With its separate frame, the Dakota Convertible needed little in the way of extra bracing to support its structure, but it was awkward-looking with a roll bar fitted where the rear bulkhead had once been and a top that stacked inelegantly over the leading edge of the pickup bed. The manual top also wasn't the easiest to operate, was downright ugly when up and had a plastic rear window that seemed to fog up and distort the moment someone actually tried to look through it. The convertible sold in small numbers (2,482 examples during '89) and its life would be short.
The more significant variation came from the California shop of Carroll Shelby, who was at that point applying his famed mix of performance and hucksterism to Chrysler products. The Shelby Dakota was a product of high-performance 101 engineering, in that it was basically a Dakota fitted with the 5.2-liter fuel-injected V8 from the larger Ram pickup and the new four-speed automatic transmission that was offered across the Ram and Dakota ranges for '89. In the Shelby Dakota, the 5.2-liter V8 delivered five more horsepower than in the Ram (for a total of 175) thanks to the use of electric cooling fans necessitated by the tight confines of the engine bay.
Car and Driver found the Shelby Dakota clearly superior to previous iterations of the vehicle in the acceleration department. "Fitted with the V8, this pickup suddenly has pickup," they wrote. "The Shelby Dakota hustled from zero to 60 mph in 8.7 seconds, half a second quicker than the 4.3-liter V6-equipped Chevy S-10 pickup. And if you really want to blow the grass clippings out of the load bed, the Shelby can punch a 113-mph hole in the air. That's only 4 mph slower than the nearly four-inch-narrower Chevy S-10 with the optional Cameo aero bodywork."
For $15,813, a Shelby Dakota buyer got a white or red two-wheel-drive truck festooned with Shelby logos and the same suspension as the Dakota Sport with Goodyear P225/70HR15 Eagle GT tires on five-spoke wheels. That's about $3,000 more than a Dakota Sport with the V6. Despite a convoluted production process that had Dakotas shipped to Shelby's California shop for conversion, the planned 1,500 Shelby Dakotas were all shipped to customers.
Other than the Shelby, the regular-production '89 Dakota appeared to be little changed from the '88 model. But beyond the adoption of the previously mentioned four-speed automatic and fitment of ABS to the rear wheels, the base truck got a new fuel-injected 2.5-liter, OHV four-cylinder engine rated at 99 hp. Still, sales for 1989 slid to 89,294.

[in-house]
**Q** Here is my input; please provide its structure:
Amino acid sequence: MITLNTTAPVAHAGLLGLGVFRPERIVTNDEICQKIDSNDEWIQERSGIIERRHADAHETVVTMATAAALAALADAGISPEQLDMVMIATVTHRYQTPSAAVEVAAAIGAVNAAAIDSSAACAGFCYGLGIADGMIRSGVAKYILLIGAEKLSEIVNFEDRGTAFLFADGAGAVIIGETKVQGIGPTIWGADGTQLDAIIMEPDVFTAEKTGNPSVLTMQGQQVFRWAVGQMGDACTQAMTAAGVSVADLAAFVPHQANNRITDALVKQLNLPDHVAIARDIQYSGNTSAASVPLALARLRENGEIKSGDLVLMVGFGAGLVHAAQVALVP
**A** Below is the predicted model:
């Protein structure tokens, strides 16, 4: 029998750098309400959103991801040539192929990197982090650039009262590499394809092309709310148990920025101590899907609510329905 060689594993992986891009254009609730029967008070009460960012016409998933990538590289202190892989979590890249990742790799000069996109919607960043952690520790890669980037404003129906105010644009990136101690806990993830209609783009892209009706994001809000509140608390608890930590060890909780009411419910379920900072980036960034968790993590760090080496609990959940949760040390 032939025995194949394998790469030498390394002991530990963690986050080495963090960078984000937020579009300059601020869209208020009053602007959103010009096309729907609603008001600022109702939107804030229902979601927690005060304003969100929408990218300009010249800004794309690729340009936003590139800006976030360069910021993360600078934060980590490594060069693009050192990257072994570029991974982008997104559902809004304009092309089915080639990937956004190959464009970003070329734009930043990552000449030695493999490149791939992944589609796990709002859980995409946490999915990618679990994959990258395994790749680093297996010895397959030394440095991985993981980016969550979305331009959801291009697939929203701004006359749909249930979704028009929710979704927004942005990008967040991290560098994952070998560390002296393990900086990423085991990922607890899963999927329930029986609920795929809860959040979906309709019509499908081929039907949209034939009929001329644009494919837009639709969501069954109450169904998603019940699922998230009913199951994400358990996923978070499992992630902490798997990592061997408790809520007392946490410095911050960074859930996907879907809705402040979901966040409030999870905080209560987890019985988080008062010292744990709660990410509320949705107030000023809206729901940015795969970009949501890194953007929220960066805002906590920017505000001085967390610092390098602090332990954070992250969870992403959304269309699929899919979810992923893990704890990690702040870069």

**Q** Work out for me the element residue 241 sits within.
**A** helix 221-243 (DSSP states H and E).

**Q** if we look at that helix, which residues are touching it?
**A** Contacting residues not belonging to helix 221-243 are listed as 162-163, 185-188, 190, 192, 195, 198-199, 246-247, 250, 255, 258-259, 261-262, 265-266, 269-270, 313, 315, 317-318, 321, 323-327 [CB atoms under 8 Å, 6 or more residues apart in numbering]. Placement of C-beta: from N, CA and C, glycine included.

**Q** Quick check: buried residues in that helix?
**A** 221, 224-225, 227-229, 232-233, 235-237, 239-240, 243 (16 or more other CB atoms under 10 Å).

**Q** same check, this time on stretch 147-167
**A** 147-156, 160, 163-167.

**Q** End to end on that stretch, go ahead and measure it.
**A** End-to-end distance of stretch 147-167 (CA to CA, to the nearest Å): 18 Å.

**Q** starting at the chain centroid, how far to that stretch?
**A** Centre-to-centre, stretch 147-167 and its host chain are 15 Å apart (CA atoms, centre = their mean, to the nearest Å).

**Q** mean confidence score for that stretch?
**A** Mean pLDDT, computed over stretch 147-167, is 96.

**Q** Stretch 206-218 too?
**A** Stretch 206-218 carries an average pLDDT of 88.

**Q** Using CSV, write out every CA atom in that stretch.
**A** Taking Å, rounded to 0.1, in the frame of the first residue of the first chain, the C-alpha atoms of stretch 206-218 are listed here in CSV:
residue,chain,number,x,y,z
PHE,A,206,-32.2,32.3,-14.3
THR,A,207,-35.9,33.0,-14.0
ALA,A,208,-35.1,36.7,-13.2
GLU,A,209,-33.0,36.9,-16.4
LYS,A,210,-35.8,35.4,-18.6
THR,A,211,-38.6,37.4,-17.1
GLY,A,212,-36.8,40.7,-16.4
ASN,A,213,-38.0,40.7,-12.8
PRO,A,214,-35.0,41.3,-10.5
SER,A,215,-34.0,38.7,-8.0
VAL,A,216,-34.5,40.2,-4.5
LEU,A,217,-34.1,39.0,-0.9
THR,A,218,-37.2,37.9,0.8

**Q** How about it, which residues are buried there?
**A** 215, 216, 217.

Extended cabs finally came to the Dakota line with the introduction of the 1990 Club Cab. Riding on a stretched frame containing a 130.9-inch wheelbase, the Club Cab truck's cab was a full 19 inches longer than that of the regular cab Dakota and contained a full-width rear bench seat. However, as with every other extended cab pickup of the time, there wasn't a second set of doors available to access that extra space. Club Cabs were available only as two-wheel-drive models this first year. Otherwise, the Dakota line was only slightly changed with another 1,089 convertibles making their way to customers and a single additional horsepower being added to the base four's rating rounding it out to 100. A total of 72,224 Dakotas were sold during the '90 model year.
What Shelby did in '89, Dodge did itself during 1991 with the addition of the 5.2-liter V8 to the Dakota's list of regular production options. Delivering 170 hp, the V8 was exactly the sort of power plant the Dakota had been crying out for since its introduction, but it was really only a hint of what was to soon come. In order to accommodate the slightly longer engine, the Dakota's nose was redesigned with more space directly behind the grille. The new engine and revised styling helped swell Dakota sales to 82,336 for '91, including the last eight convertibles.
As welcome as the V8 was in '91, the thoroughly revised series of "Magnum" V6s and V8s were even bigger news during 1992. Basically, Chrysler took both the 3.9-liter V6 and the 5.2-liter V8, and reengineered them around improved cylinder heads and much more advanced multiport fuel-injection systems. The result was a startling rise in output with the 3.9-liter V6 now making a healthy 180 hp (up from 125) and the 5.2-liter V8 now carrying a stout 230-hp rating (versus 170). A '92 Dakota V6 now had more power than the Shelby of three years before and the Dakota V8, particularly when equipped with a five-speed manual transmission, could challenge Mustang GTs in straight-line performance.